Ya-ka-mein. Yakimi. Yet-ca-mein. Yak e mein. Yacamein. Ya-ka-meat. Yaka mein. There is no standard spelling because little has been recorded about the dish and its place at the New Orleans table until quite recently. The dish has been a staple in the city’s African American households for generations. Linda Green, now a grandmother herself, remembers her own great-grandmother making ya-ka-mein with pork chops. Recipes have been passed down orally through those generations—when Linda finally thought to ask her mother for hers, she instructed Linda to fetch a six-pack of beer and take a spectator’s seat in the kitchen. Linda never wrote down the recipe. Even the ingredients list on the ya-ka-mein seasoning mix that Linda currently markets leaves much to the imagination.
In fact, for all the dozens upon dozens of New Orleans cookbooks in print at any given time, it’s nearly impossible to find a written ya-ka-mein recipe outside of recent newspaper and Internet articles. Philipe LaMancusa, whose used and new cookbook inventory at Kitchen Witch Cookbooks currently approaches 9,000 titles, has never encountered one. Instead, ya-ka-mein recipes exist in taste and muscle memory, revealing themselves at the stove and in the bowl.
For some New Orleanians, like Maurice Haynes of Magazine Deli, ya-ka-mein is the kind of “quick, cheap dish” you whip up on the weekend from ingredients already on hand. For others, like Lucinda Mitchell of the former Mitchell’s Fruit Stand, making ya-ka-mein at home is a more deliberate endeavor. Lucinda prefers to use high-quality beefsteak, which she marinates for between three days and two weeks. Chip Flannagan has never made ya-ka-mein at home. A Caucasian, he’s the executive chef at Ralph’s on the Park, a fine dining restaurant where a ya-ka-mein made with pork belly cooked sous-vide hits white tablecloths alongside other haute offerings like duck confit and lamb crèpinettes.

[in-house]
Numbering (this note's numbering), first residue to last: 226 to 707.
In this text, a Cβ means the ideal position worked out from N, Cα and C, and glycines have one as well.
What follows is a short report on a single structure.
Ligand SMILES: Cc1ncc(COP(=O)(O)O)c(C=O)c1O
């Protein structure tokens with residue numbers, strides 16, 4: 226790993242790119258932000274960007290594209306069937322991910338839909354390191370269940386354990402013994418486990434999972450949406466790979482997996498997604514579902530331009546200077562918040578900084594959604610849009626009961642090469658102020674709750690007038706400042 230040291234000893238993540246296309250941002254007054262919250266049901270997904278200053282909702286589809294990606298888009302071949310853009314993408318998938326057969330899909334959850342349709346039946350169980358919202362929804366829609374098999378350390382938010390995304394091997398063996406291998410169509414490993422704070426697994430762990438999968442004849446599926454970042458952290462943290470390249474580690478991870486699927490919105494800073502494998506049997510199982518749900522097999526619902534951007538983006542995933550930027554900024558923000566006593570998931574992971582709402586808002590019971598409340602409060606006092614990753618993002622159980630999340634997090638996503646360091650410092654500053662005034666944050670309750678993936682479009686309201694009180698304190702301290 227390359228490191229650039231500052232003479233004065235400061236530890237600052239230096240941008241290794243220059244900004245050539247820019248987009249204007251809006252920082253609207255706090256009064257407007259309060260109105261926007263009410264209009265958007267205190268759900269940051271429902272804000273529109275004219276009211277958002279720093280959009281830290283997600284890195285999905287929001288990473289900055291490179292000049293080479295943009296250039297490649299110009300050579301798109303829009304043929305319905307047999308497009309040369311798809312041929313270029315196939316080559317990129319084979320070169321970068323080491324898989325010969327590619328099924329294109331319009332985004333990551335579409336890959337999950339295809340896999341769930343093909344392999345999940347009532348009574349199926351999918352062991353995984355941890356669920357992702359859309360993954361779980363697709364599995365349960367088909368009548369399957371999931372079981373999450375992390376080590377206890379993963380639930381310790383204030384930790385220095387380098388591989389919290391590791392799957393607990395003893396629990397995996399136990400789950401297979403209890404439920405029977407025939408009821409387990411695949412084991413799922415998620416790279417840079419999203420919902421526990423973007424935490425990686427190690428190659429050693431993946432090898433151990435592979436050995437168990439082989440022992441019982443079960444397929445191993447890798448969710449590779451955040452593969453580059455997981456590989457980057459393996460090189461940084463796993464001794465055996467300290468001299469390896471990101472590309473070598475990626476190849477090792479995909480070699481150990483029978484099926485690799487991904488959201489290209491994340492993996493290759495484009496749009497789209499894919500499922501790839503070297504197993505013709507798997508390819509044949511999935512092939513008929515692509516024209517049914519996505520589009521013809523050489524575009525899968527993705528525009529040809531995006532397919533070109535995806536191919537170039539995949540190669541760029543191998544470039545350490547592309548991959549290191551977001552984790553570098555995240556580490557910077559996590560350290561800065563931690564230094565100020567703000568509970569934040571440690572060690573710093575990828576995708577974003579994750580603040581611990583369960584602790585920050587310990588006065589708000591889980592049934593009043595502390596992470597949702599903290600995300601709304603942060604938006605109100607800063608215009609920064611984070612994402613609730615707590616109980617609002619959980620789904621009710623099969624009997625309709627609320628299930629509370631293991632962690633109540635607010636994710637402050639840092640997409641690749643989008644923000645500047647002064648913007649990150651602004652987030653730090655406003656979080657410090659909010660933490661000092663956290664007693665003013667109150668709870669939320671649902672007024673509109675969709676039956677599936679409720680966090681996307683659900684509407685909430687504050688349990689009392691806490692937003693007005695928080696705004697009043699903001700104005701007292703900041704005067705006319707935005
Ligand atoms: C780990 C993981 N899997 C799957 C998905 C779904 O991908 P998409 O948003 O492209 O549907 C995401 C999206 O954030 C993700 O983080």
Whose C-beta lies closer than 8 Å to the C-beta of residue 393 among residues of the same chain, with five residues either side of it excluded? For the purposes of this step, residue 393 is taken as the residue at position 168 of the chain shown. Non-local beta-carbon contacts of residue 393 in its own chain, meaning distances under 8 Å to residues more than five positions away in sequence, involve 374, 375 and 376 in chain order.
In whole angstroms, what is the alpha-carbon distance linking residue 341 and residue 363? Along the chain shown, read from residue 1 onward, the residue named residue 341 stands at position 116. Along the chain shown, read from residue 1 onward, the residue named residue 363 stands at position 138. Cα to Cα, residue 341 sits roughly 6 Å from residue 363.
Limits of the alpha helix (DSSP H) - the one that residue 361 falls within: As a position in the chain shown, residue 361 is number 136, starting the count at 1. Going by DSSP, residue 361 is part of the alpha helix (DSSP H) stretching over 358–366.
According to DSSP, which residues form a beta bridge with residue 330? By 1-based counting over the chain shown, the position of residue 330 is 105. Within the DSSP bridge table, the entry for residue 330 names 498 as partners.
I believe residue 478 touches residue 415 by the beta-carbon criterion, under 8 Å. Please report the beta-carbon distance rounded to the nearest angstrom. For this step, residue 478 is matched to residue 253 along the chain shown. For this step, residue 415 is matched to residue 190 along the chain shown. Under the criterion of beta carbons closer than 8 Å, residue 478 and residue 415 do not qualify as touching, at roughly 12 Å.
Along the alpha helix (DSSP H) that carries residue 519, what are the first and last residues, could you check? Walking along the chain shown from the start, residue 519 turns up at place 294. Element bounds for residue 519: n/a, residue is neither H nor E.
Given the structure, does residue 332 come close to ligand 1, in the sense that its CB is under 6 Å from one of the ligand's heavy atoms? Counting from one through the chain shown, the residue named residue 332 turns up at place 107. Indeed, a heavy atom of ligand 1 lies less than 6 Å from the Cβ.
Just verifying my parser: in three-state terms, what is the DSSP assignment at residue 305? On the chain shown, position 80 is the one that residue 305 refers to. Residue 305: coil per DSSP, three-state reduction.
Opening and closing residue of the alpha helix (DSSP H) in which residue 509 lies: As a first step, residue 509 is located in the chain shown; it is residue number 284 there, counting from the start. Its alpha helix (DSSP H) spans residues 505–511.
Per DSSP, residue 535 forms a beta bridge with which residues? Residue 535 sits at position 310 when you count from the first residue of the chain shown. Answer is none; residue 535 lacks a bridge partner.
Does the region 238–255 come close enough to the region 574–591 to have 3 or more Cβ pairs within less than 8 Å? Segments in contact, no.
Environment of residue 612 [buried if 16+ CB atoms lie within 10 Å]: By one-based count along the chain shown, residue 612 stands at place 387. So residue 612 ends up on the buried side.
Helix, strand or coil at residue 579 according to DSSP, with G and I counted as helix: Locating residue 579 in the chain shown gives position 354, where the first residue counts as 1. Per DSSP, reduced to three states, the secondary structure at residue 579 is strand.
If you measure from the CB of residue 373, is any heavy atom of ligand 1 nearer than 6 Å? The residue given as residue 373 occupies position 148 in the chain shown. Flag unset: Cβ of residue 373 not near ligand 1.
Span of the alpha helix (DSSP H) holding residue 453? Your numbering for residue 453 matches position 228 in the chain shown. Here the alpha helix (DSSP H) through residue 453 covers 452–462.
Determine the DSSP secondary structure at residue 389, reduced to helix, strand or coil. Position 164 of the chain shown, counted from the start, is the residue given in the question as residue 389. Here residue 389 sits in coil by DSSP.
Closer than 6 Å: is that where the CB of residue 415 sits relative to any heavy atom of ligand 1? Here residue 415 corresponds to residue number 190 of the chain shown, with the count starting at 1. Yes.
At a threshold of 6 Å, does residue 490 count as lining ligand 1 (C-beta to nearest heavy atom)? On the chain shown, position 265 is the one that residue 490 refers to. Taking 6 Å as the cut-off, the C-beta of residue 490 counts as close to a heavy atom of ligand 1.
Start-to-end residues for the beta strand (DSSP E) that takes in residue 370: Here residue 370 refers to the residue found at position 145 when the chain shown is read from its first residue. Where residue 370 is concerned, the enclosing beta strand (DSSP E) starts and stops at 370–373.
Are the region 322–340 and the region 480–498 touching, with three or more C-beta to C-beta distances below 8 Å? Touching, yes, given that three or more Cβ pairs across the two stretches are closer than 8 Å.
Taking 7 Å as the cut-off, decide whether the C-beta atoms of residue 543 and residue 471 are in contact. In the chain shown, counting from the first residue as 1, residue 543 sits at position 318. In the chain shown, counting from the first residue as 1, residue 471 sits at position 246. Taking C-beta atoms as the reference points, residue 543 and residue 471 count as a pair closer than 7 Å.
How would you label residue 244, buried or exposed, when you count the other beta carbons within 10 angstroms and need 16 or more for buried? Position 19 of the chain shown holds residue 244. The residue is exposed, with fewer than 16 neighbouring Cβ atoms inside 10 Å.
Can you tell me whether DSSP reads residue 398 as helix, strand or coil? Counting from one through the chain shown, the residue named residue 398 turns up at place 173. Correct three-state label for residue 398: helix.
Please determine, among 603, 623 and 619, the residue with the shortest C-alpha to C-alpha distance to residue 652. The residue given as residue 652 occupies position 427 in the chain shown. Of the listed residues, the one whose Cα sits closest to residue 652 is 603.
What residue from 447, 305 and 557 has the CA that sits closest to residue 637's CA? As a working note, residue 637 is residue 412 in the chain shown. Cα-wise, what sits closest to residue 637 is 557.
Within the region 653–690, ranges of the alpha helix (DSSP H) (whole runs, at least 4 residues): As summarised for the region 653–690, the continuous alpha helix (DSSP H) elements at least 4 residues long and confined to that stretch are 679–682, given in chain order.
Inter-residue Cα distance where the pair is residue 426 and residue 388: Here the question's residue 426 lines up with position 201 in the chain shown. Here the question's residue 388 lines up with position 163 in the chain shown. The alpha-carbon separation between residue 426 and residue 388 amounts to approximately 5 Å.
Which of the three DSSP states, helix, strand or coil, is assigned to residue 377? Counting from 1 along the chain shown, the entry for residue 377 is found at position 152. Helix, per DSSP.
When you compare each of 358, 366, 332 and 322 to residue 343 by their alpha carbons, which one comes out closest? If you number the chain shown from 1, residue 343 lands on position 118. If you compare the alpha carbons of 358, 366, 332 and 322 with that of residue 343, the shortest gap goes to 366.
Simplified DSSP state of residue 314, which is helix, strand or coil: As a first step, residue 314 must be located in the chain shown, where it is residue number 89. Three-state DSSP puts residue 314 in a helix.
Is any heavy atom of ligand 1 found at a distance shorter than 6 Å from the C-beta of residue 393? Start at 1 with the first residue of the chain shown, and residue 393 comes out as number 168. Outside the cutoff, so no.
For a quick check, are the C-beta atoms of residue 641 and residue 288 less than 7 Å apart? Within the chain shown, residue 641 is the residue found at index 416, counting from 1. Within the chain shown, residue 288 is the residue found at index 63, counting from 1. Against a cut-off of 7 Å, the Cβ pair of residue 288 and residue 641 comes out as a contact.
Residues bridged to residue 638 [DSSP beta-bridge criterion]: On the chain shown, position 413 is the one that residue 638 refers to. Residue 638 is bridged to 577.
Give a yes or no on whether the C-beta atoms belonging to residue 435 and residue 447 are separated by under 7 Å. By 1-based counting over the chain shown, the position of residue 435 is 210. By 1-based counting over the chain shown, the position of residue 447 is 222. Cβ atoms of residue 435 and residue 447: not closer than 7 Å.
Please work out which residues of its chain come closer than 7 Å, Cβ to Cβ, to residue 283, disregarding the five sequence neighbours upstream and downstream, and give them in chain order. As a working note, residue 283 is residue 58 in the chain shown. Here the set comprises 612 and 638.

Outside the home (and Ralph’s on the Park), ya-ka-mein is a super-casual dish. Bar food. Second line food. Corner grocery food. Foam cup food. Hangover food (when it goes by the alias Old Sober). It’s sometimes made with beef, sometimes pork, sometimes chicken, and occasionally seafood; sometimes spaghetti noodles, sometimes linguine, and occasionally udon or ramen. Some people garnish it with catsup, hot sauce, or an extra dousing of soy sauce. What almost all versions have in common is hardboiled eggs, sliced green onions, and a salty, spicy broth or “juice” that tastes vaguely Asian, insofar as soy sauce tastes Asian.
The name ya-ka-mein is, of course, also vaguely Asian. Many Chinese-American restaurants in New Orleans—as well as the rest of the country—do serve a less salty, vegetable-heavy version of a similarly named soup (yat/yet gaw mein). But the origins of New Orleans’ particular style of ya-ka-mein, and the story of how it presumably evolved from an Asian soup to an African American comfort food, are fuzzy. Two theories prevail: 1) Veterans of World War II or the Korean conflict returned home craving such a dish and made do with available resources. 2) Chinese immigrants who came to Louisiana in the nineteenth century to work on sugar plantations and, later, railroads passed on a taste for noodle soup to their African American co-laborers.
As New Orleanians were making and eating ya-ka-mein prior to the Korean War, that theory is a bust. But consider this: New Orleans eventually did sprout a bustling, bygone, Chinatown. It took root not far from Storyville, a red light district in whose bordellos live jazz music flourished around the turn of the twentieth century. Could Chinese takeout have made it to the African American courtesans and musicians working in Storyville? Will we ever know?
However it came to New Orleans, whomever first poured hot broth over noodles and meat and egg, and then showered the whole with a raft of green onions, ya-ka-mein became a staple. Philipe LaMancusa worries that it’s a staple on the verge of extinction because so few of the corner groceries and neighborhood takeaways where he used to find it reopened after Hurricane Katrina and the resulting failures of the federal levee system in 2005. That disaster that created an opening for Linda Green to bring her ya-ka-mein to the New Orleans Jazz & Heritage Festival, where it reaches a broad, multicultural audience. Not long ago, a Vietnamese-owned seafood spot opened in New Orleans’ Broadmoor neighborhood, on a corner that flooded in 2005, with a menu offering several versions of the noodle soup. New Orleans being a town where chefs riff on local culinary traditions to infinity, Chip Flannagan is unlikely to remain the only chef serving ya-ka-mein to fine dining crowds.